5. ^ "Street Scene". Samuel French. Retrieved 2016-09-27.
  6. ^ Goodman, George Jr. (May 5, 1979). "Erin O'Brien-Moore, 77, Is Dead; Actress of Stage, Screen and TV". The New York Times. Retrieved 2016-09-27.
  7. ^ "1929 Pulitzer Prizes". The Pulitzer Prizes. Columbia University. Retrieved 2016-09-27.
  8. ^ Mantle, Burns, ed. (1929). The Best Plays of 1928–29. New York: Dodd, Mead. OCLC 9695298.
  9. ^ a b "Street Scene". AFI Catalog of Feature Films. American Film Institute. Retrieved 2016-09-27.
  10. ^ "Street Scene (1946)". The Kurt Weill Foundation for Music. Retrieved 2016-09-27.
  11. ^ "Philco Television Playhouse". Classic TV Archive. Retrieved 2016-09-27.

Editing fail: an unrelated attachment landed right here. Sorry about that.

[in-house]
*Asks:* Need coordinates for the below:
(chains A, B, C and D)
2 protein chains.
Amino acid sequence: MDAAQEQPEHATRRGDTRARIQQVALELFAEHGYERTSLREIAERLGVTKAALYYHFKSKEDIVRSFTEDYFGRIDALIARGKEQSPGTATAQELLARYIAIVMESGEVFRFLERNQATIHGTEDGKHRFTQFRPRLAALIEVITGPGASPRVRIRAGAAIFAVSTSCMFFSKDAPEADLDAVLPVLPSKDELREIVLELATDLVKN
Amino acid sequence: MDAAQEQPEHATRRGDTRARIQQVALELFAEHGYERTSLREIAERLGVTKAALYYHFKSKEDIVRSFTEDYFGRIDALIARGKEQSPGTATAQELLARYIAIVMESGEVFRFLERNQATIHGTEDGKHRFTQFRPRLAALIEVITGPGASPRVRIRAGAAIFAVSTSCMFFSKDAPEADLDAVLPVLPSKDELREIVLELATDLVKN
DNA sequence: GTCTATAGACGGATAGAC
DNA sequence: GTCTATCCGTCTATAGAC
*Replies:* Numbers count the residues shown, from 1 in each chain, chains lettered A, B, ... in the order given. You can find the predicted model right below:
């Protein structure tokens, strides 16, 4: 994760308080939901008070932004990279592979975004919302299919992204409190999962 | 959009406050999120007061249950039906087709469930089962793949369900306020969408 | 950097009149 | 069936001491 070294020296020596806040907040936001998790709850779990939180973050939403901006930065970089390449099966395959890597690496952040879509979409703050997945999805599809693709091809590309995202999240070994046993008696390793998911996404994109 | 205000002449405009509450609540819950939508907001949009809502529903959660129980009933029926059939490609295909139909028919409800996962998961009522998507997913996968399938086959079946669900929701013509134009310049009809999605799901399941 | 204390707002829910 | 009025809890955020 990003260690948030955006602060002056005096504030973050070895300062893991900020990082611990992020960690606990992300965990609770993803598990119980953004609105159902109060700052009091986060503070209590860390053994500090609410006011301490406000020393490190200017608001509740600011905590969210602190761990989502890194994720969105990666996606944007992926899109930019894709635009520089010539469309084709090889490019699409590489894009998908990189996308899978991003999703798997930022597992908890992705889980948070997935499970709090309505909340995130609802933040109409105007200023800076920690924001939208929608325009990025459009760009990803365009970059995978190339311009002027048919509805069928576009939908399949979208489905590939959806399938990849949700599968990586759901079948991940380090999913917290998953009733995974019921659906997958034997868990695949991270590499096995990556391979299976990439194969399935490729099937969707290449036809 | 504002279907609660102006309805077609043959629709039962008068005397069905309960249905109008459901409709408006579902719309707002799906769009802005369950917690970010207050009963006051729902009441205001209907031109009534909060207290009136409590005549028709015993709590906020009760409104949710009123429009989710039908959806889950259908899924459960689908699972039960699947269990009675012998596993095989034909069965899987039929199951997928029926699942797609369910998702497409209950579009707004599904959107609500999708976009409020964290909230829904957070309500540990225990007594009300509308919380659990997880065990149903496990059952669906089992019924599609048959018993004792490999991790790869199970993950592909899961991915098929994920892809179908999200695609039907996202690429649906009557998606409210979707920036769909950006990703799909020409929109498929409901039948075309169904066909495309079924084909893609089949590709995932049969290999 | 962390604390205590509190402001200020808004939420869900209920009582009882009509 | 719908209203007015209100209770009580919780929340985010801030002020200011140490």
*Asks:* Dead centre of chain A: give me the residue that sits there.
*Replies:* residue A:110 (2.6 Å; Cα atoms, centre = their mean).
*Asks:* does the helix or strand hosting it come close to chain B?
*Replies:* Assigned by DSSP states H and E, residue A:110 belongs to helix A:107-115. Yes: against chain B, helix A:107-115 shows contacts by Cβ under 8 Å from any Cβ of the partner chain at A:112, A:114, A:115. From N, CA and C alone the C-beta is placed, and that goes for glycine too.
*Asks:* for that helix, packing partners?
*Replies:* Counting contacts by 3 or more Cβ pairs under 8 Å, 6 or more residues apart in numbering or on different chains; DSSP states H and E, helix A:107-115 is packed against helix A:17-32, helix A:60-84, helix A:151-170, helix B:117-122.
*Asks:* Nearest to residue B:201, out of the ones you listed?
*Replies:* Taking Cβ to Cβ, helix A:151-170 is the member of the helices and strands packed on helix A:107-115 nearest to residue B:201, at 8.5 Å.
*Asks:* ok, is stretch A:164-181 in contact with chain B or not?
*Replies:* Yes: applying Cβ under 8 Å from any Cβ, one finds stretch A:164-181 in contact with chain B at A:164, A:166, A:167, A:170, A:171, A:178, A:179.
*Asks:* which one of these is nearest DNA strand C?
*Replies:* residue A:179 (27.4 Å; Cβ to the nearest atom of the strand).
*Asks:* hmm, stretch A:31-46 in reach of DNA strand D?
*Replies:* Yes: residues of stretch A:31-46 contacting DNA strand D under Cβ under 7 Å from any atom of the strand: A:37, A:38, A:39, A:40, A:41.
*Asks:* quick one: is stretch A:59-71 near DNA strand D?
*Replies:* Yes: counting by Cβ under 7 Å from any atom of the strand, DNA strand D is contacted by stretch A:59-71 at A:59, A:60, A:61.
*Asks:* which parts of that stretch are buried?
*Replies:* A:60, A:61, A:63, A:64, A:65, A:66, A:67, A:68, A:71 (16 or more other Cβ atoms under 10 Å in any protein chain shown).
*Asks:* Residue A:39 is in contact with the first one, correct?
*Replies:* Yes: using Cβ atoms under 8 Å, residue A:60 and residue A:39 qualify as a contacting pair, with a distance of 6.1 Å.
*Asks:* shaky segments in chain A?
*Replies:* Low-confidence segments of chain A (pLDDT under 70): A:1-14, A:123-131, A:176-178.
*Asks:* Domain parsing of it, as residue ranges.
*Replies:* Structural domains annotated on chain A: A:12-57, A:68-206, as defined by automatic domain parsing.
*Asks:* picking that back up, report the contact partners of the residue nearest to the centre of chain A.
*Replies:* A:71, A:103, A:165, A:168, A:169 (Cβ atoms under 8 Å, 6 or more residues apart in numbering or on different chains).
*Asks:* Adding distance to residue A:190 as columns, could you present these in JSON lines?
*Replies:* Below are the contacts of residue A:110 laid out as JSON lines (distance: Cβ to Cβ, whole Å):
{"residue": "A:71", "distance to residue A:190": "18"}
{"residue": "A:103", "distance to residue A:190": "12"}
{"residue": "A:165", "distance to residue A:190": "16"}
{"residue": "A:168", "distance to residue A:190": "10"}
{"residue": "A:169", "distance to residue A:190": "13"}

12. ^ "Celenese Theatre". Classic TV Archive. Retrieved 2016-09-27.
  13. ^ "Street Scene (1959)". BFI Film & TV Database. British Film Institute. Archived from the original on October 3, 2016. Retrieved 2016-09-27.

External links

This page was last edited on 29 November 2023, at 22:56
Basis of this page is in Wikipedia. Text is available under the CC BY-SA 3.0 Unported License. Non-text media are available under their specified licenses. Wikipedia® is a registered trademark of the Wikimedia Foundation, Inc. WIKI 2 is an independent company and has no affiliation with Wikimedia Foundation.